A quarter of a century after first entering military service, a Challenger 2 main battle tank (MBT) looks to have been destroyed in combat, following the release of imagery on social media purporting to show one of the UK-designed MBTs burning in Ukraine.
The short video, released on 4-5 September, shows the burning wreck of a Challenger 2 that was being operated by the Ukrainian military during combat operations against Russia, potentially near Robotyne. The crew survived the incident, an indication to the levels of protection provided by western tank designs, compared to platforms operated and proliferated by Russia.
In April this year the UK completed the delivery of 14 Challenger 2 MBTs to Ukrainian forces, where it is thought they have been operated by Ukraine’s 82nd Air Assault Brigade. The announcement on 21 April stated that the UK has delivered the 14 Challenger 2 tanks, along with 32 AS90 155mm self-propelled guns, and more than 150 CVR(T) and Bulldog armoured personnel carriers.
Ukrainian crews were also provided extensive training on the platform in the UK before returning to Ukraine as it geared up for the counteroffensive, which currently is showing indications of a breakthrough around Verbove after weeks of grinding attrition.
The UK has granted significant quantities of additional military equipment to Ukraine, including M270 MLRS systems, dozens of 105mm L119 light guns, and hundreds of other light vehicles and trucks. In addition, tens of thousands of artillery shells and million of rounds of small arms ammunition, along with anti-tank systems such as the NLAW, have also been provided.
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On 4 September Ukrainian President Volodymyr Zelenskyy visited personnel operating in the Zaporizhzhia region, including the command posts of the 148th Separate Artillery Brigade, 82nd Separate Air Assault Brigade, and 71st Separate Hunting Brigade, according to the Ukrainian Ministry of Defence (MoD)
Updating its daily combat operations report, the Ukrainian MoD stated on 5 September that since the start of the Russian invasion on 24 February 2022, its forces had destroyed 4489 (+9 in the preceding 24-hour period) Russian tanks, 8670 (+7) armoured personnel carriers, 5649 (+38) artillery systems, 747 (+6) MLRS systems, 504 (+1) anti-aircraft systems, 331 (+0) fixed- and rotary-wing aircraft, and 4512 (+31) tactical-level uncrewed aerial vehicles.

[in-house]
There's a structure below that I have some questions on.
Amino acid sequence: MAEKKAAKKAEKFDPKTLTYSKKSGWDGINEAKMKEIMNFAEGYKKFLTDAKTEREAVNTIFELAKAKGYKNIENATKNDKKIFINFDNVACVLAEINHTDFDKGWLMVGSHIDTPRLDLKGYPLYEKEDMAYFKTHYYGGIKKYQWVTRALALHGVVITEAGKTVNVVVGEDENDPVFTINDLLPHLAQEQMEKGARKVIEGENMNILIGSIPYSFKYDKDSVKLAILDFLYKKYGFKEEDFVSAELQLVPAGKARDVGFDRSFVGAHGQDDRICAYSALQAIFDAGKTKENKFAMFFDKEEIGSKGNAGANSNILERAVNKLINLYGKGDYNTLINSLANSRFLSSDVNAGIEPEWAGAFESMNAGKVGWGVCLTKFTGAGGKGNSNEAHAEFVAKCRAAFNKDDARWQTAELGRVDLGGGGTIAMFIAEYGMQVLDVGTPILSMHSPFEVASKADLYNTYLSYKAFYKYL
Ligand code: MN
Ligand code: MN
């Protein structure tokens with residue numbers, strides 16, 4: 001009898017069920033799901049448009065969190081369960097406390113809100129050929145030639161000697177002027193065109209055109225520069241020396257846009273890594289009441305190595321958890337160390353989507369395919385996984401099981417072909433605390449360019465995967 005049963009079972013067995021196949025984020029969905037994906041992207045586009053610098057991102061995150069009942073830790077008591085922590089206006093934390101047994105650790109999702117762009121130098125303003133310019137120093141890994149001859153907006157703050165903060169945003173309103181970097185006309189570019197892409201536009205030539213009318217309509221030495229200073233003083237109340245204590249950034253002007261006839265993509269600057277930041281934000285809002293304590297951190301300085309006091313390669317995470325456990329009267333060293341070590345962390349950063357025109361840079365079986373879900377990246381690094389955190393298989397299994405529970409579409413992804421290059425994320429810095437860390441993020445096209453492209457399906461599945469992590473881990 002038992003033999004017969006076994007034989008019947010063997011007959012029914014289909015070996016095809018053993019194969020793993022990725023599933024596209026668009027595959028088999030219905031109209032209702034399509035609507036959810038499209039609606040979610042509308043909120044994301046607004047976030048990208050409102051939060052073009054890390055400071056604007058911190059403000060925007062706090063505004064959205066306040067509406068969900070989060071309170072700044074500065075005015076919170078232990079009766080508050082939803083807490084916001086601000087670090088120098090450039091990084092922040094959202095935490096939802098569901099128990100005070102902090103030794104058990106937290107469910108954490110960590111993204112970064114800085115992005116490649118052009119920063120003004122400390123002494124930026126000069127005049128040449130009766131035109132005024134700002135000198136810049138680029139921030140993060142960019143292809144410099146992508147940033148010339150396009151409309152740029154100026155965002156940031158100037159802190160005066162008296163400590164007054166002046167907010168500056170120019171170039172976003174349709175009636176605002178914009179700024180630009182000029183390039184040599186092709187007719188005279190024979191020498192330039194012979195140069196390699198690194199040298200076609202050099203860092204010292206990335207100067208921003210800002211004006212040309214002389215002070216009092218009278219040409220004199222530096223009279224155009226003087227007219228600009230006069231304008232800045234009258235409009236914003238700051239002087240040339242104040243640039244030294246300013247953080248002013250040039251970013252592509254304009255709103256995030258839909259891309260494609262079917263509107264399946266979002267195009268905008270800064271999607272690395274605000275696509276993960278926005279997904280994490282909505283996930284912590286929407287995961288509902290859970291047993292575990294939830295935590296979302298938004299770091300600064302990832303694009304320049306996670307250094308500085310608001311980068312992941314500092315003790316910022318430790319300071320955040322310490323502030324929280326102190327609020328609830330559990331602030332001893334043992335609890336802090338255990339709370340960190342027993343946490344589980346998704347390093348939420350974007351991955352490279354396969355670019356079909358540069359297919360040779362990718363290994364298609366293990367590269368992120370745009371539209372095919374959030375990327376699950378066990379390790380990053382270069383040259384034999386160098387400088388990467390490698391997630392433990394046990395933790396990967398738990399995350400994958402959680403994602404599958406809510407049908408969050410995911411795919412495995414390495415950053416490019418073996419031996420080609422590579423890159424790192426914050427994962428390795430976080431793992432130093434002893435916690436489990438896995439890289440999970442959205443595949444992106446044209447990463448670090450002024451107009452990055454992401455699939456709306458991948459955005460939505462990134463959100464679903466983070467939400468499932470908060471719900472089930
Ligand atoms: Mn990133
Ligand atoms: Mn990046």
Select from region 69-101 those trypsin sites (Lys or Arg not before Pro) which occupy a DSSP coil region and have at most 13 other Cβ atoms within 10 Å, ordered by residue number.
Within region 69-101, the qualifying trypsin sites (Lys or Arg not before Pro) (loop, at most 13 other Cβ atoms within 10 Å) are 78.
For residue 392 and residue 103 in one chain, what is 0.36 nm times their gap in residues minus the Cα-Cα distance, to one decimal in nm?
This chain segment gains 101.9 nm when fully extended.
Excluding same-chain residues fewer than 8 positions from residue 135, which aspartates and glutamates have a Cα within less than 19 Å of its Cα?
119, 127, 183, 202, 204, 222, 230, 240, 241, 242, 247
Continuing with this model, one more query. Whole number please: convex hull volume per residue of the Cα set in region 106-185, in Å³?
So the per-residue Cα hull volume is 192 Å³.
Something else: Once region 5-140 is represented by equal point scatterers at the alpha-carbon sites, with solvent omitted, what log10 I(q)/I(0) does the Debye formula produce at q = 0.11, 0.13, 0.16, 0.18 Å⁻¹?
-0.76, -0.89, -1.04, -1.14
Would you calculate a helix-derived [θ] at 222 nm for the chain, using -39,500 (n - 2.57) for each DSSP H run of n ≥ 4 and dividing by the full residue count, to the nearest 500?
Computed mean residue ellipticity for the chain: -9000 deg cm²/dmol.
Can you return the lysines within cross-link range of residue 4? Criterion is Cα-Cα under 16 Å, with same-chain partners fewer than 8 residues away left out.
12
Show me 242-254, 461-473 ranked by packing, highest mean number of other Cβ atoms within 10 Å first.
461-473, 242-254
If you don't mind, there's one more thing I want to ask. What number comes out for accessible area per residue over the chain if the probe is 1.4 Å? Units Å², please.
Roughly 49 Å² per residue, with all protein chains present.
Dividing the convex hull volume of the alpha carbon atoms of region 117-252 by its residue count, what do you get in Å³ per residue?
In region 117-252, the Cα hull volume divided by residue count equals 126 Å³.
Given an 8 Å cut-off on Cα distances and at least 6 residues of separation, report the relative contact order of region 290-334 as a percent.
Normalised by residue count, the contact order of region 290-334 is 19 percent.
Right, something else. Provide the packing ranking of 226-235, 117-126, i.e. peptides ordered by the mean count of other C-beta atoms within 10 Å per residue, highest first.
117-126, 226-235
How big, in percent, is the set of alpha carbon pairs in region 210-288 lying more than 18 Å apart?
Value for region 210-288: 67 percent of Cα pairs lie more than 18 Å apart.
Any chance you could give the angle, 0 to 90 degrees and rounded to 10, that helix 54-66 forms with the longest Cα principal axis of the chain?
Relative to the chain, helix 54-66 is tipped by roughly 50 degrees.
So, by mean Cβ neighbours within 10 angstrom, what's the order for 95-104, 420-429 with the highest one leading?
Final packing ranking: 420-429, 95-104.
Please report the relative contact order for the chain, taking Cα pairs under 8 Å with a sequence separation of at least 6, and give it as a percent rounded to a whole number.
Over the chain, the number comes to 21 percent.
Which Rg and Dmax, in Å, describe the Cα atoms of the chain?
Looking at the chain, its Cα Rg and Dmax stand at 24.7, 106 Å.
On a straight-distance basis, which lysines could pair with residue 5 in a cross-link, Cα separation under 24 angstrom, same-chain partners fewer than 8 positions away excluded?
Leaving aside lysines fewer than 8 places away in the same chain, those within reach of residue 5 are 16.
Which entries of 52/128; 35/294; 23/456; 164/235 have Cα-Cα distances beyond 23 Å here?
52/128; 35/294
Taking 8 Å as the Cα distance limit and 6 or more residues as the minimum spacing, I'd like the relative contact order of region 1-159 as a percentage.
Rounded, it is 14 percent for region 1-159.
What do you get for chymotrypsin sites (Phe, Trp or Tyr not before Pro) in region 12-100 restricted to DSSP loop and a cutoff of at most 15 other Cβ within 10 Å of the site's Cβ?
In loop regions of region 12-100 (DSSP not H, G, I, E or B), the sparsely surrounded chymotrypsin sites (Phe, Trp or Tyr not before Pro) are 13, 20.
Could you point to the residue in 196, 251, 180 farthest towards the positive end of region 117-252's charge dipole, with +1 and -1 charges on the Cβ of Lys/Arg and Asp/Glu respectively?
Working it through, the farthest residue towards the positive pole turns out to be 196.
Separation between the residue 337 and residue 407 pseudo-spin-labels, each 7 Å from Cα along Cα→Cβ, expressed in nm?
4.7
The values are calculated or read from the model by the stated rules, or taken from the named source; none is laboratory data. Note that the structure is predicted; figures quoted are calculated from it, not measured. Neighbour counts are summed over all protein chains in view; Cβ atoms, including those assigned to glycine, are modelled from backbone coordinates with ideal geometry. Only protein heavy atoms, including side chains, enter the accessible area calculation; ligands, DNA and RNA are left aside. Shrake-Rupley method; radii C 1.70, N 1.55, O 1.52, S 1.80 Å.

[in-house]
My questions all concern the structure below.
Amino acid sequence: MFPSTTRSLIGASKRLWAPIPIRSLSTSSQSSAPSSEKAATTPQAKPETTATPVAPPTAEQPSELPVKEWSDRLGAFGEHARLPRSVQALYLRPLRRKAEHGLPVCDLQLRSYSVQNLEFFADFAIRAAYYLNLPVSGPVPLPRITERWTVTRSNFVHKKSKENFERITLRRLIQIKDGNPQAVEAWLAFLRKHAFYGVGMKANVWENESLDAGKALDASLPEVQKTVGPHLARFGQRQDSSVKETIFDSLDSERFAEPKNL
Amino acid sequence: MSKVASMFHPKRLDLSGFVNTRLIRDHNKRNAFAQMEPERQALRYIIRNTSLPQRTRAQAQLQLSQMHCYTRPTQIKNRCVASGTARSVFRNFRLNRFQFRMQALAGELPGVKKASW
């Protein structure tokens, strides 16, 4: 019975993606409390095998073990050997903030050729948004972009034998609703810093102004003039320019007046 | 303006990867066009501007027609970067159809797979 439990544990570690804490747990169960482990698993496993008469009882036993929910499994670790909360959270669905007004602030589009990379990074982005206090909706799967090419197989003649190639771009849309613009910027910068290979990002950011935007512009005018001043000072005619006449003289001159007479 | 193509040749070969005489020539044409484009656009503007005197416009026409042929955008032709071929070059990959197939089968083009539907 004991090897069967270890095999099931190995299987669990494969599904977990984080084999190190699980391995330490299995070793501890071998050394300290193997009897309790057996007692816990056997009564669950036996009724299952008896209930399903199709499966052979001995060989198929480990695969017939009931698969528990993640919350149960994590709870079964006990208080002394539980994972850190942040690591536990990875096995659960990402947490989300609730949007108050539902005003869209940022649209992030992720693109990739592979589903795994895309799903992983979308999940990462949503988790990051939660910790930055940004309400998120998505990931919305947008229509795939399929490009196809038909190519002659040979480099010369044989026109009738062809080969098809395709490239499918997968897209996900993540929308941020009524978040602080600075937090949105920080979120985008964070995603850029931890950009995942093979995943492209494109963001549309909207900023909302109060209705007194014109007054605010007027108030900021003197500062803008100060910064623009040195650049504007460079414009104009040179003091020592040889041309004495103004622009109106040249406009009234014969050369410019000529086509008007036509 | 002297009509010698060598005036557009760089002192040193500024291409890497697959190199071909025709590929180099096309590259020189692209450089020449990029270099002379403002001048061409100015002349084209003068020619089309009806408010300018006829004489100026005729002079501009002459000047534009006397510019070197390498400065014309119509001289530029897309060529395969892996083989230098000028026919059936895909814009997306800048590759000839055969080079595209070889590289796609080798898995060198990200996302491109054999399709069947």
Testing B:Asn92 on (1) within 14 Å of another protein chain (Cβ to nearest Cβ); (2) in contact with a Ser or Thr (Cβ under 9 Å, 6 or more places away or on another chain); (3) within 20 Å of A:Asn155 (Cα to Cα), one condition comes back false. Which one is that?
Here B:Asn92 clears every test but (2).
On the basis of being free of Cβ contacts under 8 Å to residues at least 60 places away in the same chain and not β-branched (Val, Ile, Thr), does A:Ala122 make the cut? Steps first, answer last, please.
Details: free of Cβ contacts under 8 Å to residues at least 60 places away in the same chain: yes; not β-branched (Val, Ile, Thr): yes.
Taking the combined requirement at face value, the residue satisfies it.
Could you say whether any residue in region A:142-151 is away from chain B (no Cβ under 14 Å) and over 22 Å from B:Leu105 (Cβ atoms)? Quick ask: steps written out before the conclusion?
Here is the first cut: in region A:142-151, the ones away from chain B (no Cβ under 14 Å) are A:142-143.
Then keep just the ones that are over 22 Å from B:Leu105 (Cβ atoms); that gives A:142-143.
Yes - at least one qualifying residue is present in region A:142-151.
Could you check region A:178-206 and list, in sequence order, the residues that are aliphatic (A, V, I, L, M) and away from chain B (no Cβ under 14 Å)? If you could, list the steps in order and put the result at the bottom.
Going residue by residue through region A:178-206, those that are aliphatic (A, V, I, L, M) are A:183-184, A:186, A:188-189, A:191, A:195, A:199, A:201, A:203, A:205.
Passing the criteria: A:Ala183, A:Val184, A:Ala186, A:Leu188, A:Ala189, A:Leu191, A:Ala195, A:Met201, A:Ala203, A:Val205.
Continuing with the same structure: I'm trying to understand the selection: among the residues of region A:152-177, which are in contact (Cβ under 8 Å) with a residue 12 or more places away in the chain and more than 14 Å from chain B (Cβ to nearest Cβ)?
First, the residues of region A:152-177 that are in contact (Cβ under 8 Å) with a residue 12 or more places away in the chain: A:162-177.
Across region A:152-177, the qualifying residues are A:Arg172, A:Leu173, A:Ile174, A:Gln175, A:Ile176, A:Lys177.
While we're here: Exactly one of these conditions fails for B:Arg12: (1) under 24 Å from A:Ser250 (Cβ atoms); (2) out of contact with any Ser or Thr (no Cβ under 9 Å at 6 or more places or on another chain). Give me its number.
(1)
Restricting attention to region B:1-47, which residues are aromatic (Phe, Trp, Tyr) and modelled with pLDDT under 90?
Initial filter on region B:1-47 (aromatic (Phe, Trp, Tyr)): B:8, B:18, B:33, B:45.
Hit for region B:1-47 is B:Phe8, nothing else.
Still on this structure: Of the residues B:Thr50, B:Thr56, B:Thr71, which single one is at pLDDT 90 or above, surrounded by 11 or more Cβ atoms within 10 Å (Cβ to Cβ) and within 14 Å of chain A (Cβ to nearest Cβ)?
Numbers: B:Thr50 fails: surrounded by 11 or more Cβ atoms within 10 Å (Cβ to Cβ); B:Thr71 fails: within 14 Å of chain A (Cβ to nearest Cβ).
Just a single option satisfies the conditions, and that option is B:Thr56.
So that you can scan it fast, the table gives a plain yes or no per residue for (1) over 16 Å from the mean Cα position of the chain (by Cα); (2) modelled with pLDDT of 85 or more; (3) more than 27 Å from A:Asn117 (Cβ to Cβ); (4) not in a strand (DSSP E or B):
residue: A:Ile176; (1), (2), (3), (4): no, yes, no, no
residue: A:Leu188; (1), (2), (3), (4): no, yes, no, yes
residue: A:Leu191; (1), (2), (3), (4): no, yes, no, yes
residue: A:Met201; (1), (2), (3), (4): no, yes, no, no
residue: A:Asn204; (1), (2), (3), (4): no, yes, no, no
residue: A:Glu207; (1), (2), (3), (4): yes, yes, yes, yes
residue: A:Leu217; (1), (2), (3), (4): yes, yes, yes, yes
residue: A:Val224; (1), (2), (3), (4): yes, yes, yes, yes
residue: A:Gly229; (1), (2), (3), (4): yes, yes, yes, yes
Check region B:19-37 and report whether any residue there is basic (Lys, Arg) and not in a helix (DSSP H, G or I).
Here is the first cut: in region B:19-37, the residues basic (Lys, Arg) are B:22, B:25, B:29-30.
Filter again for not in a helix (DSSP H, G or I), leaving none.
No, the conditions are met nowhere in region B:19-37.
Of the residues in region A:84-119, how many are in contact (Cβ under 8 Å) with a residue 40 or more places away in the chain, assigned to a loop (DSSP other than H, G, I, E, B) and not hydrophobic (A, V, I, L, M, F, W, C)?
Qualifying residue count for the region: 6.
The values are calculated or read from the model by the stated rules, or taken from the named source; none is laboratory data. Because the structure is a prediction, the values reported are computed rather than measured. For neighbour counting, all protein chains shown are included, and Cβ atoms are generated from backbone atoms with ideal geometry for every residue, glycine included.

The figures are unable to be independently verified but are likely in excess of actual equipment losses. Nevertheless, the material loss of Russia’s military has been significant, with GlobalData analysis indicating that up to December 2022, the combined Ukraine-Russia equipment loss was ten times that sustained during Moscow’s cumulative loss during both Chechen Wars in the 1990s and early 2000s, with over 11,000 systems destroyed.
In February this year analysis indicated that the combined Ukraine and Russia casualty count, including both killed in action and those wounded, was up to 300,000. Broken down, it was thought that Russia sustained around 175-200,000 casualties, while Ukraine was considered to have suffered 100,000 casualties, during the first year of combat operations.
UK Challenger 3 upgraded to include additional ‘active’ protection
The apparent first combat loss of a Challenger 2 marks a significant, if unwanted, milestone for the type, which has operated across Europe and Iraq with the British military and is also in service with the Armed Forces of the Sultanate of Oman.
Equipped with advanced Chobham armour, thought to be a composite material designed to withstand anti-armour munitions, the Challenger 2 had gained a reputation as a leading MBT of the early 2000s.
However, the type does not have an active protection system (APS) fitted, as with many other MBTs, which sees reactive armour panels integrated onto the vehicle’s structure that sense when an incoming anti-armour round is about to impact, before detonating an explosive charge to neutralise the threat.
In March this year Army Technology reported that the British Army had just 157 Challenger 2 MBTs either on or available to undertake operations within a 30-day work-up period, out of a theoretical fleet of 227 vehicles.
Suggestions that the number of UK Challenger 2s upgraded to the Challenger 3 variant could increase in the refresh of the 2021 Integrated Review came to nothing, with the number remained at 148 vehicles.